11 September 2019   Leave a comment

Xenophobia can be found in virtually every nation in the world. One of the more recent outbursts of hatred toward “outsiders” has occurred in South Africa, a country that has witnessed similar outbursts in the past. Last week there were violent protests in Pretoria and Johannesburg against non-South Africans that resulted in 12 deaths and the closure of hundreds of foreign-owned businesses. One state, Nigeria, has been airlifting its citizens out of South Africa in order to give them some protection, and Zimbabwe is considering similar measures. Some of the violence stems from economic fears that immigrants taking jobs away from South Africans, but it also appears as if some politicians in South Africa are stoking the hatred as a way of consolidating greater political power. Thus far, the South African leadership is not proving up to the task of addressing this serious problem.

The British government has been forced to release a study done in August that details the likely consequences of a “no-deal” Brexit. The projections are a worst-case scenario and are suitably grim. According to The Guardian:

“The document, which says it outlines ‘reasonable worst case planning assumptions’ for no deal Brexit, highlights the risk of border delays, given an estimate that up to 85% of lorries crossing the Channel might not be ready for a new French customs regime.

“‘The lack of trader readiness combined with limited space in French ports to hold ‘unready’ HGVs could reduce the flow rate to 40%-60% of current levels within one day as unready HGVs will fill the ports and block flow,’ it warns.

“This situation could last for up to three months, and disruption might last ‘significantly longer’, it adds, with lorries facing waits of between 1.5 days and 2.5 days to cross the border.

“The reliance of medical supplies on cross-Channel routes ‘make them particularly vulnerable to severe extended delays’, the report says, with some medicines having such short shelf lives they cannot be stockpiled.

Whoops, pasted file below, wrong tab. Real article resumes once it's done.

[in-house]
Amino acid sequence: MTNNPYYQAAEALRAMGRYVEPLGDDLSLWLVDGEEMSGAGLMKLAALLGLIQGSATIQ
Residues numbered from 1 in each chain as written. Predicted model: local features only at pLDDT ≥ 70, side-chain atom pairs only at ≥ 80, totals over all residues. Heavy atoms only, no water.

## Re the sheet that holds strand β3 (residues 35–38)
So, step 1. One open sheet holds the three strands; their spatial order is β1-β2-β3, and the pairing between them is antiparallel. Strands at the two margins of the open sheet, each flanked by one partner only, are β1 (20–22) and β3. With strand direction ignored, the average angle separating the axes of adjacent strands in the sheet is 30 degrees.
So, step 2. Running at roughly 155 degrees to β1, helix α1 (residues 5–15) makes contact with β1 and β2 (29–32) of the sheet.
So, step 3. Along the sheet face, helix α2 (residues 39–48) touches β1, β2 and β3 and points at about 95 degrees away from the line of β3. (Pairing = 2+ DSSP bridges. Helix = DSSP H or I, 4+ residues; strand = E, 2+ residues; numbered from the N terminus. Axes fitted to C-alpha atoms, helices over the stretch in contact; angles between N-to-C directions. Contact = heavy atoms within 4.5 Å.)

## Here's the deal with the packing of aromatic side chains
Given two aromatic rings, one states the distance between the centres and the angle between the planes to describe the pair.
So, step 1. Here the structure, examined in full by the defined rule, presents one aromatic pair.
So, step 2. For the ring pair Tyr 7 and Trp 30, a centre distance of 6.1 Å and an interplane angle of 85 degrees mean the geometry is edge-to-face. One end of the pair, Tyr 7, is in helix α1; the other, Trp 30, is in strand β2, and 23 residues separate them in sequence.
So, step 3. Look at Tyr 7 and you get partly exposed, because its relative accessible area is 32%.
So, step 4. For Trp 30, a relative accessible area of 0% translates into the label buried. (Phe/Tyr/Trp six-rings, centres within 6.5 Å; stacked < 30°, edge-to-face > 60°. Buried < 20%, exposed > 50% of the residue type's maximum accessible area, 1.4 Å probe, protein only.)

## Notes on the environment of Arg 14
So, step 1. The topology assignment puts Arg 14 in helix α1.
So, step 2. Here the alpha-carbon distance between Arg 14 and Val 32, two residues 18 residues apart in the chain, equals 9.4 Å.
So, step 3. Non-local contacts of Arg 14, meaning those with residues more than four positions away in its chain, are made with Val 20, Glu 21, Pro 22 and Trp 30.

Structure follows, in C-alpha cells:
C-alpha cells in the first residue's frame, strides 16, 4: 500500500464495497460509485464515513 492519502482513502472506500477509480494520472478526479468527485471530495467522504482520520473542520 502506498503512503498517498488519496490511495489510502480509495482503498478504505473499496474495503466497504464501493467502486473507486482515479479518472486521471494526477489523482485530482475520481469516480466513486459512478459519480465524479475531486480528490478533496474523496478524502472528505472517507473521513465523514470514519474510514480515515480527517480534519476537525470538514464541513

“A lack of veterinary medicines could increase the risk of disease outbreaks, it adds.

“On food supplies, supplies of ‘certain types of fresh food’ would be reduced, the document warns, as well as other items such as packaging.

“It says: ‘In combination, these two factors will not cause an overall shortage of food in the UK but will reduce availability and choice of products and will increase price, which could impact vulnerable groups.’

Later, it adds: ‘Low income groups will be disproportionately affected by any price rises in food and fuel.’

“On law and order it warns: ‘Protests and counter-protests will take place across the UK and may absorb significant amounts of police resource. There may also be a rise in public disorder and community tensions.’

The Queen has approved legislation passed by Parliament which bans a “no-deal” Brexit, but the Parliament has been suspended until mid-October. Prime Minister Johnson has indicated that he intends to challenge or evade the law. As written, the law would permit an indefinite delay in Brexit. The situation threatens the very foundations of British democracy–it is very difficult to see a way out.

Posted September 11, 2019 by vferraro1971 in World Politics

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